Women are more likely to work in hybrid office environments than men — and they also perceive more benefits from a hybrid setup.
That’s according to an exclusive new survey conducted by The Business Journals in conjunction with the 10th annual Mentoring Monday — a national event taking place Monday, Feb. 27, that is designed to be a catalyst for meaningful introductions and engaging conversations with businesswomen from a variety of industries.
The survey found 50% of women worked in hybrid offices, compared to just 44% of men. About 38% of men are in the office full time compared to 32% of women — and 18% of each are fully remote.
While men and women largely agree that being in a hybrid or remote setting has largely had no impact on their career, about 18% of men said it has hindered their career development, compared to just 12% of women.
Additionally, about 82% of women said they were better able to focus on their work goals without the distraction of an office environment, compared to 75% of men. About 29% of women said remote and hybrid work has given them more time with their supervisor to talk about their career and their work goals, compared to 18% of men.
The results are notable at a time when many businesses are calling employees back to the office more regularly or even ending their hybrid arrangements completely — in part due to concerns about a softening economy. The disconnect between men and women on hybrid work could create some challenges for businesses, as experts have noted employers should tread carefully with return plans that could disproportionately affect one class of workers.
Kate Field, the global head of health, safety and well-being at BSI, said there are a number of issues that illustrate the differences on hybrid work between men and women.
“I think there is an approach that is different in terms of genders’ ability to engage on a one-to-one basis. Women tend to be much more empathetic. They tend to be able to engage much more easily from a remote point of view,” Field said. “Men have been much more used to a traditional ‘looking each other in the eyes’ [environment] and the traditional hierarchies that go with those dynamics.”
Rosina Racioppi, president and CEO of WOMEN Unlimited Inc, a leadership development organization, said the gaps between men and women on the issue show how much work organizations have to do to close gaps in both mentoring and in overall workplace satisfaction.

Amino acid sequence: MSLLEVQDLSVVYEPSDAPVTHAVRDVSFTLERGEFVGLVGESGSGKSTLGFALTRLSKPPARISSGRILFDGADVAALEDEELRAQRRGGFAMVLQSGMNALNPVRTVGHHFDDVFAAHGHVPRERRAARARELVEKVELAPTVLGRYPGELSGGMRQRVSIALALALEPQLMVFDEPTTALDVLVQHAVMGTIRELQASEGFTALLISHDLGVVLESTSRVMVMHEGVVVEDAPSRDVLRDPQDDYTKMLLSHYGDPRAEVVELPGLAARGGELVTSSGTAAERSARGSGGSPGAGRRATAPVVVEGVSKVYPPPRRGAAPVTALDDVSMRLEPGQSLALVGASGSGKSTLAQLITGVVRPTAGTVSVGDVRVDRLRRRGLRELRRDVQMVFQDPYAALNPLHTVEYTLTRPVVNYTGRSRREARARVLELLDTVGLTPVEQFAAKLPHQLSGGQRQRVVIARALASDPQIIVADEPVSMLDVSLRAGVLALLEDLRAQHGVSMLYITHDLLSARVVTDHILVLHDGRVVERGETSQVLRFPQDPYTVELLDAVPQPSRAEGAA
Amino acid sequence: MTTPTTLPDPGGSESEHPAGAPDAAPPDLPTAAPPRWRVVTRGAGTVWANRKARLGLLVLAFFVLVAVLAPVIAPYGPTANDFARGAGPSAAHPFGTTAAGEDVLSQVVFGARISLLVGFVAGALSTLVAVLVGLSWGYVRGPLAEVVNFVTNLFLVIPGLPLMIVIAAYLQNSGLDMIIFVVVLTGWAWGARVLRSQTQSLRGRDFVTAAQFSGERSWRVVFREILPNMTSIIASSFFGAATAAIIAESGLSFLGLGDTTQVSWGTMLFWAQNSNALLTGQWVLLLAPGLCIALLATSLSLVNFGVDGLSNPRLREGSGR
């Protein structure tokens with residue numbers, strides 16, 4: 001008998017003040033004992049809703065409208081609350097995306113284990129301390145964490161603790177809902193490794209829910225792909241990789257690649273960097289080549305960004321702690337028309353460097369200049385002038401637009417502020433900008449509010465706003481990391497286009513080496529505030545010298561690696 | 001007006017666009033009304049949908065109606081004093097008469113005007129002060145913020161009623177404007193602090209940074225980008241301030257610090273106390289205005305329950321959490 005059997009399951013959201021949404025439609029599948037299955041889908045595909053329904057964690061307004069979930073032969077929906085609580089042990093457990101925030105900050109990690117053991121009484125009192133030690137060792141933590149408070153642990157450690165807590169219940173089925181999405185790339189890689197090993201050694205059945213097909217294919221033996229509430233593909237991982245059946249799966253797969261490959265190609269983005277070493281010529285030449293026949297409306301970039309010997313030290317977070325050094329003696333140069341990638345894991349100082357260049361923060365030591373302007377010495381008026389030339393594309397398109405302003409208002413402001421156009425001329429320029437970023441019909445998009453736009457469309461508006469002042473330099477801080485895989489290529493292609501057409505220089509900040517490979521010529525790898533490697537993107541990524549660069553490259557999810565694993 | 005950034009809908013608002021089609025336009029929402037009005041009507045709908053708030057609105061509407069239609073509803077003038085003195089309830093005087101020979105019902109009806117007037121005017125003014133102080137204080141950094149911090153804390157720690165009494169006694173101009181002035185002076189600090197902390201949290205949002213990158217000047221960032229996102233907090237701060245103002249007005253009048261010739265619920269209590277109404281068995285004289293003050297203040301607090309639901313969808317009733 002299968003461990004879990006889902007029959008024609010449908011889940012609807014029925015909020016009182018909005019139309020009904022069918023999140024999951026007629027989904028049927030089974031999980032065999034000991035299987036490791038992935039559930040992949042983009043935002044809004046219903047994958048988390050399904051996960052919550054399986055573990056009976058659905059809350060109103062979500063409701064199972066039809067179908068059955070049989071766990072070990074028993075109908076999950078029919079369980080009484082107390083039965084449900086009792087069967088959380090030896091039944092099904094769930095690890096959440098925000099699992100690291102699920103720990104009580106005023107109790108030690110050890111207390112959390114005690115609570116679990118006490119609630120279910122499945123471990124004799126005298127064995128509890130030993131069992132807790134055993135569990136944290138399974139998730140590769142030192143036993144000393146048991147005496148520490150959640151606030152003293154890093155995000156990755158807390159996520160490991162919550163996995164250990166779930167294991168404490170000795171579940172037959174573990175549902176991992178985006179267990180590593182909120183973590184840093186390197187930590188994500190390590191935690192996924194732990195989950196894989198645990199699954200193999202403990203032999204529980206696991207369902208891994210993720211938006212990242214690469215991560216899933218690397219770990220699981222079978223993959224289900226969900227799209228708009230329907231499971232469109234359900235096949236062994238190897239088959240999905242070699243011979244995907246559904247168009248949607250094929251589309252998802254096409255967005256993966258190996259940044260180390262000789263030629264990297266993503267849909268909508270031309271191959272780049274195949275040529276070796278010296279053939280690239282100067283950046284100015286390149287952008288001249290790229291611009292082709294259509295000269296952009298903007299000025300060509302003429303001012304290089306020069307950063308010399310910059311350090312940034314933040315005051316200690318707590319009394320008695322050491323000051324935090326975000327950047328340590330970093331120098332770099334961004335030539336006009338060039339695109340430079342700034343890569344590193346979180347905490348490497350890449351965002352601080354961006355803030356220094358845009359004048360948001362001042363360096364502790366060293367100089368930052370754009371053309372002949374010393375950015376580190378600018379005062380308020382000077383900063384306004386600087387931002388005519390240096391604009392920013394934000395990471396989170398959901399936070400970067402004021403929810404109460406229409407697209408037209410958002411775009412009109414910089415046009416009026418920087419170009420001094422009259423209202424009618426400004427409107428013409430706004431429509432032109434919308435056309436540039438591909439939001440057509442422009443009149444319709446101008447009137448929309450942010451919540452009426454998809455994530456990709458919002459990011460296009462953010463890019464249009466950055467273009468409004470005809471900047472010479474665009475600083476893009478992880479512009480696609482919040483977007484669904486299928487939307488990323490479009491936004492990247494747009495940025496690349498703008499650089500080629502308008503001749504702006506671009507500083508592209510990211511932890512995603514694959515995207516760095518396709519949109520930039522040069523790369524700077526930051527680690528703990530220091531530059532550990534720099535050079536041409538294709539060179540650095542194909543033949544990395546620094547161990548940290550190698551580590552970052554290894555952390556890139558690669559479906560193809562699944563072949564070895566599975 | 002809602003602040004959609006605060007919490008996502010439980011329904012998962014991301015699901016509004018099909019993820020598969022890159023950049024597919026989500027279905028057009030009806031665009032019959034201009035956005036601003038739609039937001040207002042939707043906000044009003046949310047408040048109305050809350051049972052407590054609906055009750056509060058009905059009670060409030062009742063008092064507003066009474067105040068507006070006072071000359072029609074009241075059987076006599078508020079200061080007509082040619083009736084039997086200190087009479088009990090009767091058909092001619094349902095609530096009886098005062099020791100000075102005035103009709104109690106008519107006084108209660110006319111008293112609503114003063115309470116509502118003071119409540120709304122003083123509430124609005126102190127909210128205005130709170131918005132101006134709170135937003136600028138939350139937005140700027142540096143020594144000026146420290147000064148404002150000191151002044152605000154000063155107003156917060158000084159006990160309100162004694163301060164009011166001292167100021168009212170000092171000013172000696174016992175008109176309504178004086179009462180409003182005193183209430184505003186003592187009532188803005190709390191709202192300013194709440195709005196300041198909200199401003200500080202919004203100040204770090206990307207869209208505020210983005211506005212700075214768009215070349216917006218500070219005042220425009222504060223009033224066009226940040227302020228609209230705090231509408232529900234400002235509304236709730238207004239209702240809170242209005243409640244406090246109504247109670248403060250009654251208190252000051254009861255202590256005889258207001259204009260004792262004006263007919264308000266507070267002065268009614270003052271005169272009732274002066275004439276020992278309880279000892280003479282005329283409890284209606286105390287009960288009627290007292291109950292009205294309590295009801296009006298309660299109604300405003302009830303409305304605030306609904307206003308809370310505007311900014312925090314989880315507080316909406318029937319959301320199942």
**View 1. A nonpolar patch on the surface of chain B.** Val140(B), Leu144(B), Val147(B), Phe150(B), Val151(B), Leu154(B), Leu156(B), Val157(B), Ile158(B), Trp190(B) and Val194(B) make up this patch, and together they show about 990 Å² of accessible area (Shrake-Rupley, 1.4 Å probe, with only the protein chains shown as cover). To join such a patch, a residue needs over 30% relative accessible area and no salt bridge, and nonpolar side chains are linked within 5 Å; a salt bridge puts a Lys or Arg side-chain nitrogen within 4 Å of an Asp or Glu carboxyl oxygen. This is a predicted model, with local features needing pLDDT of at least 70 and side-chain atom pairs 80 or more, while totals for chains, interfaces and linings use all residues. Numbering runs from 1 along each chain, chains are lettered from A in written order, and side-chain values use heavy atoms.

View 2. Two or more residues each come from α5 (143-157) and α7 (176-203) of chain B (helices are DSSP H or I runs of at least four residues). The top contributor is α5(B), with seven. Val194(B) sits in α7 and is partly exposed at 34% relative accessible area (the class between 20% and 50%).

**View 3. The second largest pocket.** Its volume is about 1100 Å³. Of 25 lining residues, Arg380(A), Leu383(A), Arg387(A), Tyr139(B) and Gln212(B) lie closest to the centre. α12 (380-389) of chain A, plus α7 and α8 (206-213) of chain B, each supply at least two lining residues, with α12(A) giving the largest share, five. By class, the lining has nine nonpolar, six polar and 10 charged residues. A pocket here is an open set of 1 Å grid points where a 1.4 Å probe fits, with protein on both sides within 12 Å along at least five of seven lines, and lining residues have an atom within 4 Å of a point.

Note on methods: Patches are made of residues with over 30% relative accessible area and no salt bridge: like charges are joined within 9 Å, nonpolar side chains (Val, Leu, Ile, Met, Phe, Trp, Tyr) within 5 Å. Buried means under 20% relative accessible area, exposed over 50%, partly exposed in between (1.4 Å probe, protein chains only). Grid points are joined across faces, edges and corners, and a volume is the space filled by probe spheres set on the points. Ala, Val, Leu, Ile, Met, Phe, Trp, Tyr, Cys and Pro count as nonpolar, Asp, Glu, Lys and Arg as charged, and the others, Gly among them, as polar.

While the pros and cons of hybrid work — and how it is viewed — are only one part of the equation, experts say the situation has highlighted some important distinctions.
“I think part of the challenge for organizations is that they are looking for the easy solutions, and this is a complex problem. Women are not one monolithic group, just like men are not one monolithic group,” Racioppi said. “Women tend to be more underrepresented and more marginalized in organizations because there isn’t representative senior leadership.”
Instead of jumping from trend to trend, Racioppi said companies need to focus on a concrete set of actions to improve company culture and then stick with it in the long term.
Part of that is training managers to understand that what worked for them in the past might not work for women in the often-hybrid, post-Covid workforce. Managers need to connect with workers proactively and have real conversations about how they feel about work, their role in the organization and what they want to do long term — or they risk those workers leaving for a new job in a labor market where opportunities remain abundant.
Racioppi said a lot of men will reach outside their work area or section and build networks that give them an understanding of how their work fits into the broader picture, while a lot of women she has worked with tend to focus on the work itself.
“Those relationships that look informal on the surface but are really part of their relationship building, it’s a much more casual way to build those relationships and women tend not to do that. They tend to do the work and not spend time on those relationships. They don’t know they are missing [in hybrid environments] because they have never had it in the first place,” Racioppi said.
Field said companies can help even the mentoring playing field by ensuring that workers are supported at each stage of their career with the company. New workers might need someone who can help them understand the role and their place in the company. Veteran workers might be more interested in how to grow and learn. Proactivity on those initiatives is very critical in a hybrid world where organic opportunities might not arise with the same regularity, experts say.
Formal programs can help, but also short training courses for workers on what a good mentor is and how they can help would benefit workers across a company, she added.
“Mentoring courses can be quite simple and straightforward, they are not months and months of intensive training or learning,” Field said. You can grow it organically. It kind of becomes a bit of a snowball. If it hasn’t been happening before it can be little bit slow, and you might have to do a bit of a mini-marketing campaign.”
This article originally appeared on the The Business Journal on Feb 21,2023.